Bill VS

Accurate 3D Georeferencing: DJI Unit GPS altitude values are WAY off. Any help?

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Can anyone advise me about the problem with vertical GPS values on DJI units? The horizontal values seem to be just fine.

We have an Inspire 1 and an Phantom 4 Pro. We have been using them, along with DroneDeploy and Pix4D, to map wetland vegetation for wetland restoration projects in Florida. The problem arose when we started combining imagery with survey to create and deliver 3D models to our engineering colleagues.

Both UAVs report accurate altitude to the RC, but the EXIF tags tell an entirely different story:

  • A photo taken at ground level (let's say, 65' above sea level), is tagged with an elevation of -88.0 (no indication of what the units are, but .5 units represents about 100').
  • If we fly 100' into the air and take another picture, it now reports an altitude of -87.5 units.
  • Per the DJI helpline folks, we've tried recalibrating the unit right before flight, and that doesn't seem to make a difference.

Unfortunately, the images captured indicate that, rather than 200' over the levee (which is about 70' on the NAVD88 datum), the image thinks that it was captured from a position 20' or so below the roadbed. Flying another 100' or 200' up still doesn't get us above ground level. So Pix4D and Simactive both have trouble resolving this, and even manually editing the GCPs (at least in Pix4D) doesn't seem to fix things.

DroneDeploy does a decent job of creating a model, but it's not georeferenced, and that's part of scope. Plus, 1) I'd like a more detailed model than they generally provide, and 2) my management will not support the subscription upgrade necessary to use GCPs, especially since we already purchased a license of Pix4DMapper.

Dishing out $20K for an RTK unit is not on-budget for a few more years, so let's just assume that's not a solution. Besides, we don't need centimeter accuracy for the flight, just for the solution after the GCPs are incorporated. Just being within a few meters of reality (as advertised) during flight would be fine.

We could probably write a python script to write pressure altitude values to the GPS field, but that seems like kind of a sloppy workaround.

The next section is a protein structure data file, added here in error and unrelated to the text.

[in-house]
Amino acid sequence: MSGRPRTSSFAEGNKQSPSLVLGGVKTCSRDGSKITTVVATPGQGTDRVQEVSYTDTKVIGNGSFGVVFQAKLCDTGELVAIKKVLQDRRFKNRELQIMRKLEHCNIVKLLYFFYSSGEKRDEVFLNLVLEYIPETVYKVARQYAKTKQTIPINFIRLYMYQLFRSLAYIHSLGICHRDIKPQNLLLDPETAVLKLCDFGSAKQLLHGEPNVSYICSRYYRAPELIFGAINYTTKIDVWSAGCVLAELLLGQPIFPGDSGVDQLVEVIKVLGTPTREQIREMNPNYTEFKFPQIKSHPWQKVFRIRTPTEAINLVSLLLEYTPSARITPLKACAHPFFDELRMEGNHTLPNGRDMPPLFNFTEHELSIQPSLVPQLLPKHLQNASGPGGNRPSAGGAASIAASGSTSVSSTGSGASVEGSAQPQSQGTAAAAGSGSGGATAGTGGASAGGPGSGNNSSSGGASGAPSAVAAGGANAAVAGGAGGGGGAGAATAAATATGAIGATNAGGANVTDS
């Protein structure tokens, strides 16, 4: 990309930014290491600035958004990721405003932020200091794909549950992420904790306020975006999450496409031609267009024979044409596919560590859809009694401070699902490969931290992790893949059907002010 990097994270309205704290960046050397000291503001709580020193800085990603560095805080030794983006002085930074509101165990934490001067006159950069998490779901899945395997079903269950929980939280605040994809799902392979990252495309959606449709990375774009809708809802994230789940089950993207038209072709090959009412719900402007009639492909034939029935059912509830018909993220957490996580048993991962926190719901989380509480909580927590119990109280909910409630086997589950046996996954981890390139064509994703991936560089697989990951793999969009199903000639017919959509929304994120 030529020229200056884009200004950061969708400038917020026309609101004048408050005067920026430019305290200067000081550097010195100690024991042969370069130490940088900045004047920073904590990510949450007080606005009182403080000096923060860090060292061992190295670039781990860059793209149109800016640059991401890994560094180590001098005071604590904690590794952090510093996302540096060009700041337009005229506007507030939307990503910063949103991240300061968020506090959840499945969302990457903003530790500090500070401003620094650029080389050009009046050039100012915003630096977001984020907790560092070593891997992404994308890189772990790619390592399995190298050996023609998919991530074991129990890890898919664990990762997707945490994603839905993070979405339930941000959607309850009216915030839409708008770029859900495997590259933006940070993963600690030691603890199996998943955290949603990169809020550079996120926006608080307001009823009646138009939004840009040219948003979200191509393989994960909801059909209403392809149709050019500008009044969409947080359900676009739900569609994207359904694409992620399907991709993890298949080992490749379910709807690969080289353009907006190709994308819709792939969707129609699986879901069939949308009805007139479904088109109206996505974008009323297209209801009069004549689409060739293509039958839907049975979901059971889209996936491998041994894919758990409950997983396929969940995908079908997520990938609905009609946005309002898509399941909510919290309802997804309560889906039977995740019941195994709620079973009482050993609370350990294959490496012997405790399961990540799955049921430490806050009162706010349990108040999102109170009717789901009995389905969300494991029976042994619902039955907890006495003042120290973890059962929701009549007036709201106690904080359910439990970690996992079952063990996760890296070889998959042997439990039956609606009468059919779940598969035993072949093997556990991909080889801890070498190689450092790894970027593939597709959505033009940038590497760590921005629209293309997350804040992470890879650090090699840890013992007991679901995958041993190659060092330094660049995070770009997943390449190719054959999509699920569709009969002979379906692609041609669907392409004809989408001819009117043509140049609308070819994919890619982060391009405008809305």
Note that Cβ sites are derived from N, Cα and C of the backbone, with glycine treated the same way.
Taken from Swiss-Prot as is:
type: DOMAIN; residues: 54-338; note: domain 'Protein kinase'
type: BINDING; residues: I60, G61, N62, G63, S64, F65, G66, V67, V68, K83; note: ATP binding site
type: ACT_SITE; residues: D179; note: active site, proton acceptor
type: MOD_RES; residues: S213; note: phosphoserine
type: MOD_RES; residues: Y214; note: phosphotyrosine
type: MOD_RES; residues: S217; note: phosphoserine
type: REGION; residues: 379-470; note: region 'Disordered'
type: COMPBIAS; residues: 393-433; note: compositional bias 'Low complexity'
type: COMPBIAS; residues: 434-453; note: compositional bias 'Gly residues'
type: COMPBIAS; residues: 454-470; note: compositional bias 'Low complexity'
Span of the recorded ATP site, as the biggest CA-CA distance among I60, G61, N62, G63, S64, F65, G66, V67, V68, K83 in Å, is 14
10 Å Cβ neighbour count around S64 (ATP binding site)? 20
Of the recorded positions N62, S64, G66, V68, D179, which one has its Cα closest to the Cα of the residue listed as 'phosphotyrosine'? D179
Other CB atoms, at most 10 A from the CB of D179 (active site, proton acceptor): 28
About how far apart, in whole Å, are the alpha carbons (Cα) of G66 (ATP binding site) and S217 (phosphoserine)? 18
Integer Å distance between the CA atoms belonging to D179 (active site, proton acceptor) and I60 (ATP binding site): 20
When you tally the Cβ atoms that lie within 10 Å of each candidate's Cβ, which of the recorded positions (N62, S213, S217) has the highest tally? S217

Any other ideas? Does anyone have a buddy at DJI who might fix this?

Kindest regards,

   - Bill

William E. VanSickle

Professional Geographer, Commercial Remote Pilot

GIS Analyst III, Office of Information Technology

St. Johns River Water Management District
P.O. Box 1429 ● Palatka, FL 32178-1429
Office: (386) 329-4580


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Hey Bill, thanks for posting. I’m a consultant (civil engineer) in Brevard so it’s good to see SJRWMD getting into the use of drones. They’re a great tool, and we use them for almost all of our current engineering projects. We use a Phantom 4 Pro and process in Pix4D. Since almost all of our projects involve a surveyor, we have the benefit of using very accurate GCPs for processing our imagery.

As you might know already, the altitude readings are based on barometric pressure. They’re going to be relative readings, meaning that even if you calibrate the drone before flight, the altitude is still going to be some “random” value that doesn’t correspond to any real NAVD88, NGVD29, etc. value. Until you use an RTK model (or something along those lines) or input some type of ground control information, you’re not going to be able to achieve any real level of vertical accuracy. Your horizontal accuracy may also be off by a decent amount (5-10 ft in our experience). Your imagery may also “tilt” in one direction since there’s no vertical control to orient it correctly.

To achieve what you’re looking for, your best bet (for having a small budget) is to input some type of ground control in your Pix4D processing. There are some pretty cheap GPS units out there that could give you a decent measurement of x, y, and z. By setting a few targets and inputting some “good enough” values into Pix4D, it will greatly improve your results. They won’t be perfect, as the GPS units have limited accuracy, but it would be a big improvement over no control at all.

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Hey Bill, how's it going? Interesting to see you here, do you remember me? Wow, you're flying drones for the District, that's great! 

Anyway, to your issue...

I have had this before and the bottom line is that the Phantom 4 Pro uses barometric pressure for altitude for flying because the GPS is notoriously inaccurate, but it seems it posts the GPS altitude in the photo exif's.  Here's a link to folks discussing the issue.

Anyway, I agree with Casey, it's well worth getting GCP targets on the ground, typically 4 corners and the center for each flight area.



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Hey Nadine and Casey! It's good to hear from both of you!

It's also good to hear I'm not the Lone Ranger regarding the vertical error problem. 

We placed and surveyed a dozen survey targets on the Lake Apopka Levee at the time of flight, so I have GCP data. The problem is that Pix4D doesn't seem to accept the GCP input, either in "automagic" mode or manual edit. And the folks at Pix4D are little or no help. 

If you have Pix4D and Skype, could we set a time this week or next to share my screen and go through the steps together? 


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